APTN National News
Members of the Northwest Territories Metis Nation are demanding that Ottawa put $120-million in a trust fund to compensate them for lost hunting revenue after being evicted from the Wood Buffalo National Park.
Following the creation of Wood Buffalo National Park in 1922 – just under 2,000 Metis hunters and trappers and their families were involuntarily removed from the park which was within the homeland of the Metis.
“A lot of the people they were removed from the park,” said Earl Evans, a member of the Fort Smith Metis Council in the NWT. “They hunted and trapped and that’s all they knew, that’s all their family knew and that’s all their children knew.
“Once they were removed from the park they had to find other means to live and go.”
Evans and his friend Ken Hudson have been hunting for decades – but not on their traditional land.
Through treaties, First Nations communities in the area were given hunting rights with restrictions – but the Metis were not included.
Read more: Wood Buffalo National Park
Now Hudson and Evans of the Northwest Territories Metis Nation are posting protest signs at key areas highlighting the historical exclusion of Metis from the park.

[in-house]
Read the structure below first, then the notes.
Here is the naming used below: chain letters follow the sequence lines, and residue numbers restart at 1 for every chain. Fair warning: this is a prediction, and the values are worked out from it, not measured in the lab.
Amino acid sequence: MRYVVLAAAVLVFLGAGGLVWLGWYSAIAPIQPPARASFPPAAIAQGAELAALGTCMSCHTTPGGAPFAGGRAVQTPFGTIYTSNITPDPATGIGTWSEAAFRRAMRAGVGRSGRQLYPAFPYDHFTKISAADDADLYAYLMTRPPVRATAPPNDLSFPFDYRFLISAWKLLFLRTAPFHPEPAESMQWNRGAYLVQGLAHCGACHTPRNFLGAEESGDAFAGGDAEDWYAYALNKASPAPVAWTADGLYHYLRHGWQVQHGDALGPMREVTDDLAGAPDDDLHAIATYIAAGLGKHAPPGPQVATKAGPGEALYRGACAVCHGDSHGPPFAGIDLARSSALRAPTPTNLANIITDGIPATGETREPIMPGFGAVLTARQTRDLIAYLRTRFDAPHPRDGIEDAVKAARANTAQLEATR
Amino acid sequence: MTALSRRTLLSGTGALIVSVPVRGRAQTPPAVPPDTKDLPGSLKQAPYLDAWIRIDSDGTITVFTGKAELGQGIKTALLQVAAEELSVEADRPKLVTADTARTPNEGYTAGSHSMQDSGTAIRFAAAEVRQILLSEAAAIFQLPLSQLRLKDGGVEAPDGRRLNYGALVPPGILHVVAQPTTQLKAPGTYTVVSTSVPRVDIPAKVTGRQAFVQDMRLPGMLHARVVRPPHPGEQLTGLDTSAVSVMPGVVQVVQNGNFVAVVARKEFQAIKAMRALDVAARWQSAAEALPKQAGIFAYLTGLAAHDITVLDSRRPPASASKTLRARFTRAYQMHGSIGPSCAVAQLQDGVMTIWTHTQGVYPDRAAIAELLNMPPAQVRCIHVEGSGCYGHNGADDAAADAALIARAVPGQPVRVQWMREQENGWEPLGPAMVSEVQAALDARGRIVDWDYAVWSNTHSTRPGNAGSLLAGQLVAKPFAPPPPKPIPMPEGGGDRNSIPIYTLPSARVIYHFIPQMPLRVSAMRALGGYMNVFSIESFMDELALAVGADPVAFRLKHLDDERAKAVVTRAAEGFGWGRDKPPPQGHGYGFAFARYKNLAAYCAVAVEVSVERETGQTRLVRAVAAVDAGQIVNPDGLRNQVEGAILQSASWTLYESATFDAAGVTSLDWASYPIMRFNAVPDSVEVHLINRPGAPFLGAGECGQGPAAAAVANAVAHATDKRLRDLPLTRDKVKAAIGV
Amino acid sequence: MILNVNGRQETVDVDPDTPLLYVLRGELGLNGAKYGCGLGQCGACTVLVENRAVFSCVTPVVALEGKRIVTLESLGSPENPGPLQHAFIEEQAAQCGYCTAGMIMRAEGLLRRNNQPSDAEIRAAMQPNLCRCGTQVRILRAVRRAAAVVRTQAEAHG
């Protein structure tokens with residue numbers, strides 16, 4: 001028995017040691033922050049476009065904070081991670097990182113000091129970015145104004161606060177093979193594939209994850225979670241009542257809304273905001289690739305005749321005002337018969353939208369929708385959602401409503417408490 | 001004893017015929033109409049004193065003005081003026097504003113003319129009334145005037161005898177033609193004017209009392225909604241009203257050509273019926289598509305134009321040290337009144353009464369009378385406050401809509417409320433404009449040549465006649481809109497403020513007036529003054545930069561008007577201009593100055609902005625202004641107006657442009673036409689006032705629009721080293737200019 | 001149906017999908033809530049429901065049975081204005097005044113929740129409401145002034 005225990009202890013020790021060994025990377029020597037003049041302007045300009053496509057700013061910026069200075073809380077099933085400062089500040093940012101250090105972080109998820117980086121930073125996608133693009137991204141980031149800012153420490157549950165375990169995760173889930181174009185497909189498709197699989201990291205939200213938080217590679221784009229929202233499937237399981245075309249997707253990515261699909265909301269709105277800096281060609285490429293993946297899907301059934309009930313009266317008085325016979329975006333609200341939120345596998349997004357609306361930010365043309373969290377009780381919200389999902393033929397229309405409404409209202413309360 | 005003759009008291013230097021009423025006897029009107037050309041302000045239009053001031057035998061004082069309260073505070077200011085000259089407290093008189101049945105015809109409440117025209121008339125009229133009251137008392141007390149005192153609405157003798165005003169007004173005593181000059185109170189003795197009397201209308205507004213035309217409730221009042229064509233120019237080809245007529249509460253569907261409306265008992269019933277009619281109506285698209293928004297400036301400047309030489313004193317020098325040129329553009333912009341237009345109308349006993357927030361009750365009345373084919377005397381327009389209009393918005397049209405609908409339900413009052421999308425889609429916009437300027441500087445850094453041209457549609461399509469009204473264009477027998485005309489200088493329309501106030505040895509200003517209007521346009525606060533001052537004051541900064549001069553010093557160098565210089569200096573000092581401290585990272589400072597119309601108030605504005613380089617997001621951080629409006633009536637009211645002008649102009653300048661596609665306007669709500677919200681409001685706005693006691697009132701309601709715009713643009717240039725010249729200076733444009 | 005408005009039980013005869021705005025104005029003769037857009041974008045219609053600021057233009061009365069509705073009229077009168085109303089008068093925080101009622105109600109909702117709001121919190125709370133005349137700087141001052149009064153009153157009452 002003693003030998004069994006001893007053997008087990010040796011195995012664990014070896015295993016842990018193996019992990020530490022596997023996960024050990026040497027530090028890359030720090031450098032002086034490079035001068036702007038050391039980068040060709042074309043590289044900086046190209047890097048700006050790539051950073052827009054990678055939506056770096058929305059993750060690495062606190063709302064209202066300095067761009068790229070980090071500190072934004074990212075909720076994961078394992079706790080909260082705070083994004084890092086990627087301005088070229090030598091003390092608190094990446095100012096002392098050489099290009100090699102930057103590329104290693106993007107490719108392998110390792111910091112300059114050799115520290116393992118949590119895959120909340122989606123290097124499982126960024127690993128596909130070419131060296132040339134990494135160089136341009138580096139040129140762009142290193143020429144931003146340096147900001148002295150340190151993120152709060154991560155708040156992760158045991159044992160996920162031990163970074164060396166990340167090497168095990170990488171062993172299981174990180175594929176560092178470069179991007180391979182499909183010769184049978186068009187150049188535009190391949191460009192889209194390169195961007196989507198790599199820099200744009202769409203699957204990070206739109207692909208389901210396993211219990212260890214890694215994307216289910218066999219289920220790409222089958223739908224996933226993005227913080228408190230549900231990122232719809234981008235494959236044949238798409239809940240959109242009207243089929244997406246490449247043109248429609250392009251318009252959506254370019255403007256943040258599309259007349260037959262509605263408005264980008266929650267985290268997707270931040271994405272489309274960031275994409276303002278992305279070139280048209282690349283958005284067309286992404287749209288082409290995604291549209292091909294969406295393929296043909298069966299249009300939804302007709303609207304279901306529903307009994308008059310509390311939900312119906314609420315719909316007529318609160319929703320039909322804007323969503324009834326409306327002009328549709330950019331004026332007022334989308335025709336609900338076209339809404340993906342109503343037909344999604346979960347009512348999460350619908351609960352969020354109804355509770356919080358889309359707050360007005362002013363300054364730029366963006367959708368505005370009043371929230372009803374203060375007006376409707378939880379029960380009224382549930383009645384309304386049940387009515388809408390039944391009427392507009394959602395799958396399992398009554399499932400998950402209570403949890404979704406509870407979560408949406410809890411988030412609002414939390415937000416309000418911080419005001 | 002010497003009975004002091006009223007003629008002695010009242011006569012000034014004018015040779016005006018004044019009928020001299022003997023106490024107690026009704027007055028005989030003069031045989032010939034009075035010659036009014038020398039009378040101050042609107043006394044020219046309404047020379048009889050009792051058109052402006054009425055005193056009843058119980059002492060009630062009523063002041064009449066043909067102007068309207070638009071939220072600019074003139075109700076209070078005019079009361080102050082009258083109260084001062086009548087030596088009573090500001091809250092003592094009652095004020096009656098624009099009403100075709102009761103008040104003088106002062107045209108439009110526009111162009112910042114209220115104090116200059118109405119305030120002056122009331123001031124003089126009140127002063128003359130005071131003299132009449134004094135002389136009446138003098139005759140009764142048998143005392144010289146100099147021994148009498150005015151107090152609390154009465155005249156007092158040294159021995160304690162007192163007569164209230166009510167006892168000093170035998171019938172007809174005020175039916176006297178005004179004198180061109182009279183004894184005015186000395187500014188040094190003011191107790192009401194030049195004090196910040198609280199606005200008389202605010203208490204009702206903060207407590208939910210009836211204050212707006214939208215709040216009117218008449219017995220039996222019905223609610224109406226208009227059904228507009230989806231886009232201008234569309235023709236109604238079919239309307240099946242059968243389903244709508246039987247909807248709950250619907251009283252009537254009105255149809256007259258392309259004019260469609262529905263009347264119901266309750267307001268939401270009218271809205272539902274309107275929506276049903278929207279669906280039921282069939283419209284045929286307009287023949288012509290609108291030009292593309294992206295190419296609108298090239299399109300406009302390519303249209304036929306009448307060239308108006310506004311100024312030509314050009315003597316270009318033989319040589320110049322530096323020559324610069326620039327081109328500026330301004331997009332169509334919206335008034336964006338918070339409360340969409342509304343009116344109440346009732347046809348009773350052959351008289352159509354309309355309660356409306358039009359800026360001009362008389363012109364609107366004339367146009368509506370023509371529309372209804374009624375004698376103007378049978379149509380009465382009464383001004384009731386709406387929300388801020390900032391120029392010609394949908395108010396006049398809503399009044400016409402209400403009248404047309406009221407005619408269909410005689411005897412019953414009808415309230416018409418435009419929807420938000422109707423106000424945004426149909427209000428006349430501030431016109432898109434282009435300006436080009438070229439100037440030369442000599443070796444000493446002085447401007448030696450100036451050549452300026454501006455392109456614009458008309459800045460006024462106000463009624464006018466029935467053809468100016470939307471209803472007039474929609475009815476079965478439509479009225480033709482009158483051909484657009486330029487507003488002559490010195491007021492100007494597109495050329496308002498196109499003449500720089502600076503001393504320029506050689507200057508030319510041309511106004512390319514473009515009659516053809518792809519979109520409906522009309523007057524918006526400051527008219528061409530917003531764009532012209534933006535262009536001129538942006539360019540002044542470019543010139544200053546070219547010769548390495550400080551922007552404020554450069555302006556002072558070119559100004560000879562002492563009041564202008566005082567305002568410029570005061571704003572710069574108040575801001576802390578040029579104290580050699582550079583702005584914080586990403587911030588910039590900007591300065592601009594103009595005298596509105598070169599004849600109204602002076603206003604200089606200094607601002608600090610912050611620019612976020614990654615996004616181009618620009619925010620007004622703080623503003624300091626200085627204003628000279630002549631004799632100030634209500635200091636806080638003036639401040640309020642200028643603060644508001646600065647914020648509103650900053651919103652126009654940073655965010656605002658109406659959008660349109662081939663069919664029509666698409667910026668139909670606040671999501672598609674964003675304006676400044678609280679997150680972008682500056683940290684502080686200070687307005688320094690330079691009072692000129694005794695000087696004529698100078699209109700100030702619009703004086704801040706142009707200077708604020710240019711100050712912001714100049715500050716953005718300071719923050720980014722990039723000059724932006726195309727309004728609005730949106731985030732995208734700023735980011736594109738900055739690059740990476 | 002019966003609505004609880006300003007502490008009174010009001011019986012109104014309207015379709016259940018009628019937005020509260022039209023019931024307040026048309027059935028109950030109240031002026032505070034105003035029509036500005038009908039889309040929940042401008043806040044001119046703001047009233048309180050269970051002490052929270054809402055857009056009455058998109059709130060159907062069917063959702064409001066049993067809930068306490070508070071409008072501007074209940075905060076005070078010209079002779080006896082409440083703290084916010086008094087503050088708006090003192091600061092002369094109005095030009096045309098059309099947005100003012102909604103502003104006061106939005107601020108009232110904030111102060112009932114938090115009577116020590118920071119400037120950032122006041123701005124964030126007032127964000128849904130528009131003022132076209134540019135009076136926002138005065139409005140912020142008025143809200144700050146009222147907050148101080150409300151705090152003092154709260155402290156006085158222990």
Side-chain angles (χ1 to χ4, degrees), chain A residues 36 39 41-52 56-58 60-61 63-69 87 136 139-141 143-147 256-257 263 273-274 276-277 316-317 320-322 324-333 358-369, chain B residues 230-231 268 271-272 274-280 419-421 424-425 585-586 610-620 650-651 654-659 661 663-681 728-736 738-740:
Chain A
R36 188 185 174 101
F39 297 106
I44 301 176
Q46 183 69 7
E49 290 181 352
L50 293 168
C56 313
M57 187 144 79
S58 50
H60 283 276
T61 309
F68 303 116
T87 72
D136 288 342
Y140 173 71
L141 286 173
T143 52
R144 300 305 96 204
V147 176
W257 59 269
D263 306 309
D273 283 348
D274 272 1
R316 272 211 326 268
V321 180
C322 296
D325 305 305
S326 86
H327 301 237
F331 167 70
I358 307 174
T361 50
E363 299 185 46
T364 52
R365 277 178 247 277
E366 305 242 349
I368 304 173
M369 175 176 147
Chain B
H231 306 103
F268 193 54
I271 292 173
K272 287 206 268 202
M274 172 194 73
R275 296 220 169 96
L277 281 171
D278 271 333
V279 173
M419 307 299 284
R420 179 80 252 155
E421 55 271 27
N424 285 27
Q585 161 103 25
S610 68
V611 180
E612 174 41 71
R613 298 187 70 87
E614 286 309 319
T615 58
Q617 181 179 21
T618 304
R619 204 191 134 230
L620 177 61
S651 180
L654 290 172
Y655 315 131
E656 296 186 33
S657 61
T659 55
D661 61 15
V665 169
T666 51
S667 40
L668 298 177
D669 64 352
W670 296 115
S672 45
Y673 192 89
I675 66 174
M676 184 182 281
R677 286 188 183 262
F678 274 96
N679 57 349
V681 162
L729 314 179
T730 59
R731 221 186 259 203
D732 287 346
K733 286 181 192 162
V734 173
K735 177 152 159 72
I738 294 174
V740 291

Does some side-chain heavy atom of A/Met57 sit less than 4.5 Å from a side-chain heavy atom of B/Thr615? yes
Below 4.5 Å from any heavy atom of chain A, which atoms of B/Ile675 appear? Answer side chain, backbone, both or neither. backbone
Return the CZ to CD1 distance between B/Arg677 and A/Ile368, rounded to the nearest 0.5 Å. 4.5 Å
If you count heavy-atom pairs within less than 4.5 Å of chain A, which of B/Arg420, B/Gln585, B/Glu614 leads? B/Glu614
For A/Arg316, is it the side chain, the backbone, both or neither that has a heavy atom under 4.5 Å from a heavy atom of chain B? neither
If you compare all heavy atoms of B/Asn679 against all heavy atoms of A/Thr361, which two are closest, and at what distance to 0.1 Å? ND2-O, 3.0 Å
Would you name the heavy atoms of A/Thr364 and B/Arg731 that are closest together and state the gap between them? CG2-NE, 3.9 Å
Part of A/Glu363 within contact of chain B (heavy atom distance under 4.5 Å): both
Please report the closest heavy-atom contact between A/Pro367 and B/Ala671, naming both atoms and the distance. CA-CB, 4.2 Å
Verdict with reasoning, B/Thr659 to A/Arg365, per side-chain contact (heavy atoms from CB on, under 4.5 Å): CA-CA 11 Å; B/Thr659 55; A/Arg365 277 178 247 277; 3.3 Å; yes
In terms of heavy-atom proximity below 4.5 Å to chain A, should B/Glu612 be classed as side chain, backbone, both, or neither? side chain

“It is very important that we do this for the younger generation coming up so their rights are there,” said Evans.
The Metis have been voicing their concerns to Parks Canada for a long time.
“I was complaining before these signs,” said Hudson. “I said your website does not include any information about the Metis, not a word.
“Two years of talking with them and they did nothing.”
For Metis now hunting in the park is a touchy subject -granting hunting permits is case by case.
Hudson obtained his permit in 2001, only after he proved his Indigenous roots tied back to Fort Chipewyan people who were granted rights.
But Hudson wants people to know the history of how Metis were treated here.
The Metis Nation is requesting that $120 million from the federal government for a trust fund to cover the losses.
“This is 90 years of denied rights in the park which is huge,” he said. “When you consider just on the low side that the loss in fur and meat was in excess of $120 million that isn’t a small thing.”
In the meantime, Hudson and Evans will continue to post signs.
“Anyplace that tourists go, where signs could be read. just to get the information out that this happened to Metis, because this was lost to history.”
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